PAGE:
Awraris, CEO of a Sports Marketing firm, Atlanta
I didn't drink the spiked punch at the office Christmas party.
Dawit, Engineer, Washington D.C.
My best career move..... moving to a city to be near my family & friends (DC). I Love my current job, but hate the location.
Lulit, Powerplant Engineer, Cheshire (CT)
Learning to network has been my greatest career move. You never know who you end up giving your card to at conventions and meetings. I got an offer from a start-up computer firm after starting a conversation with a few fellows at Comdex. If I hadn't taken advantage of that chance meeting and given them my card, they would never have called me when they were looking for a marketing director when the firm grew unexpectedly. So, network, people.
Yemi, Marketing Director, Seattle
A lot of people (especially my parents) were not too pleased I took a job as a lowly production assistant after toiling away for four years in college. But I knew that that was the only way to understand our business. So for another four years I toiled away at one unrewarding gig after another, although I made sure I learnt the business side as well as the creative side of film production. Eventually, I made my pitch to a studio, and with a combination of sheer luck, force of nature and the right skills, I managed to land my dream job. Don't be afraid to start at the bottom. Just be careful not to stay there!
Wondosen, Production Manager, Atlanta
Best career move I ever made! In 1989 I was working at a dead end job, i.e., very limited, if not nonexistent, upward mobility, which paid really well. I got suckered by the amount of money I was making and stayed with the company for over 4 years! It finally dawned on me that this was not something I wanted to do for the rest of my life or any part thereof! I made the decision to join the military here in the US. Although my income level was cut by almost 70%, I have gotten experiences and various opportunities for self improvement and personal satisfaction that no amount of money could ever buy! It also gave me a road map and focused me on goals that has made living just a dandy experience.
Alula, Meteorologist, USAF Officer Cadet, 1st year law student, Santa Clara.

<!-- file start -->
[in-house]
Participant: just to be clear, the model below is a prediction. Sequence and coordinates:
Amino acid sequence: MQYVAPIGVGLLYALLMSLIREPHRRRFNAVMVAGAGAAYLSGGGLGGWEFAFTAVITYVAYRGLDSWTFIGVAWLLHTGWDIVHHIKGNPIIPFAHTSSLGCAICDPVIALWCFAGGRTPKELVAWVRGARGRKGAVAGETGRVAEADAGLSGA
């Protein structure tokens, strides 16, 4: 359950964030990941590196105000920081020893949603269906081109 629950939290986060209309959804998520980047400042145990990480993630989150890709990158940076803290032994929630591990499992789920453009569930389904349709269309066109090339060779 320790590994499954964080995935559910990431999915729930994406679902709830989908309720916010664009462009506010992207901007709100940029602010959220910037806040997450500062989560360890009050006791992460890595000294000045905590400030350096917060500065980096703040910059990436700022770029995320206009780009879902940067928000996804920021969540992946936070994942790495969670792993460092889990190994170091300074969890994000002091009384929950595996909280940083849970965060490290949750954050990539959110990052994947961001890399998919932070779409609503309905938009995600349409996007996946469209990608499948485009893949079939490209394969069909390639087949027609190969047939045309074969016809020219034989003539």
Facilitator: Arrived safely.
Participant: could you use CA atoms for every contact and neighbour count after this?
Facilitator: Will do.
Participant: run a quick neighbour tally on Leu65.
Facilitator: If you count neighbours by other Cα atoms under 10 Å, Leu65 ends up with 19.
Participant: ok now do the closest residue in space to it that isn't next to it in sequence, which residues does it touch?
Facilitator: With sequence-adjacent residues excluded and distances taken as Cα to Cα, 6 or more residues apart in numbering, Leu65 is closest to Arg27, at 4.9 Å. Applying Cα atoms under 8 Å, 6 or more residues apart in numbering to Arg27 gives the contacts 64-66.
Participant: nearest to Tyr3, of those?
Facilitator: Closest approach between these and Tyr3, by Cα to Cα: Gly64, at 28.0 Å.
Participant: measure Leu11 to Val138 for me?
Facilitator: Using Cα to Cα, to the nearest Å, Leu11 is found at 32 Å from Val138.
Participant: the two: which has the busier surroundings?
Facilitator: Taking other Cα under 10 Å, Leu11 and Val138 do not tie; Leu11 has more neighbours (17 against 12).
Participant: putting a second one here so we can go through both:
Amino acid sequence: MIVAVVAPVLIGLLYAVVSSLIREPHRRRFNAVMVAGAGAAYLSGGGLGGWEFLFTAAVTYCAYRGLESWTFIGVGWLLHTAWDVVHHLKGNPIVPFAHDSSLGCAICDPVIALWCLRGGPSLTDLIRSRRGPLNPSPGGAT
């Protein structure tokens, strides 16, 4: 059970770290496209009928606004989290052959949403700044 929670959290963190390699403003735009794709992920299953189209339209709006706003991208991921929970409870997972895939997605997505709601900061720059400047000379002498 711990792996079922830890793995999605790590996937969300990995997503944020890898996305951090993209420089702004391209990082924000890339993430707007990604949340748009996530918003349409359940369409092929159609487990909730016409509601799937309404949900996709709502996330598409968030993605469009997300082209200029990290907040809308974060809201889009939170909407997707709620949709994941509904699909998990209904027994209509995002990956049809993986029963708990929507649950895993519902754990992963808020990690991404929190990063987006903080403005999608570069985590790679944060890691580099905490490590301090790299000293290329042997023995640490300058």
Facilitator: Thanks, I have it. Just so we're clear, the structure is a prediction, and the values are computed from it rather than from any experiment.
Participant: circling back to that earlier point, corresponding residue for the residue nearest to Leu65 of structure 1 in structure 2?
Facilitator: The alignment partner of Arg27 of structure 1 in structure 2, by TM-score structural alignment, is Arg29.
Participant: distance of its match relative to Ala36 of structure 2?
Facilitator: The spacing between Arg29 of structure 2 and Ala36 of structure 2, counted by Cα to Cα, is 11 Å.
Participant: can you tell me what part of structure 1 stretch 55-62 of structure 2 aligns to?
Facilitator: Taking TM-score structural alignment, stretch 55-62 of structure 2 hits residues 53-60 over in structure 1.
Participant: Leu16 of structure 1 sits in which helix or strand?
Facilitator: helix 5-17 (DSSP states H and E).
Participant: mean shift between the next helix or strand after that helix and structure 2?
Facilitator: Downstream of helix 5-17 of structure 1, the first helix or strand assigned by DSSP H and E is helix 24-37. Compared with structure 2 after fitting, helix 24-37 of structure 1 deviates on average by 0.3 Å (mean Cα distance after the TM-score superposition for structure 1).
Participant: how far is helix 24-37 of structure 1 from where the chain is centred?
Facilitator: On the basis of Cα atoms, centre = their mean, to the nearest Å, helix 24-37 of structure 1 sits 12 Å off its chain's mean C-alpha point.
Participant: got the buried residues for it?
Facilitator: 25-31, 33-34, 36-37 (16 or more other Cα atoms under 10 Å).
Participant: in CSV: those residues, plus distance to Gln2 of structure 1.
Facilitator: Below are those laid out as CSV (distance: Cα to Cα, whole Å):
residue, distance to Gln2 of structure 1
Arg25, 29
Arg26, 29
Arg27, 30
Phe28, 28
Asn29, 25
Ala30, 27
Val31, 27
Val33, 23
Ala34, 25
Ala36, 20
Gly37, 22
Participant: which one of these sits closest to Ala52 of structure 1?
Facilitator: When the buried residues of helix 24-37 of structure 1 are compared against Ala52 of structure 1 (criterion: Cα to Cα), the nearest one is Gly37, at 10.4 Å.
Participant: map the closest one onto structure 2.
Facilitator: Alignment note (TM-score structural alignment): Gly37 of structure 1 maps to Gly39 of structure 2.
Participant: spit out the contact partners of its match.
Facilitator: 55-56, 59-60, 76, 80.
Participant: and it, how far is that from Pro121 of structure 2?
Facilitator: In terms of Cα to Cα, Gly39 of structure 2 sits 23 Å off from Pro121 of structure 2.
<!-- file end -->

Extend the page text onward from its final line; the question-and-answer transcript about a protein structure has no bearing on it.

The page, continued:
Best career move: Deciding to part ways with corporate America to work for myself. Rough, dangerous and unpredictable it certainly is. Satisfaction: 87%. (13% of me misses the pampering institutions generally provide).
Yemane, Filmmaker, Los Angeles
One of the best career moves I've
made is deciding to pin-point the company I wanted
to work for, and "temping" within the company until I got offered
Especially for young Ethiopians interested
in broadcasting, where getting an entry is
so difficult, I would advise finding out which temp agency the
company uses, and
Yenantew, Broadcasting, Ke Dega Hager
My best career move was to study a subject and find a profession which matched by interests and natural inclinations.My work involves conducting analytical work on business cases. I find my work challenging, thought-provoking and quite satisfying. However, the hours are long (9-12 hours), there are always pressing deadlines and since the results of every analysis do not always match people's expectations, meetings can sometimes be very confrontational. So enjoying what I do compensates for all of the other short-comings of my job. Therefore, controlling one of the more important variables in directing my career was, in fact, has been the best career move I 've made. I think the following quote by William Faulkner says it the best, "One of the saddest things is that the thing a man can do for eight hours a day, day after day, is work. You can't eat for eight hours a day, nor drink for eight hours a day, nor make love for eight hours a day. All you can do for eight hours is work." - therefore it is important to likewhat you do.
Amha,Financial Analyst, Washington DC
I married my boss!
Woleta, Graphic Designer, Palm Springs
Sound off: For the next SELEDA SURVEY
we would like to know the advantages of
living in your city. (Quality of life, culture, education, access
to the Ethiopian
community, having JesseVentura as Governor...
and so on.) We want to hear from
Ethiopians everywhere... From Nome, Alaska to Key West,
Florida. Help us break
the DC stranglehold.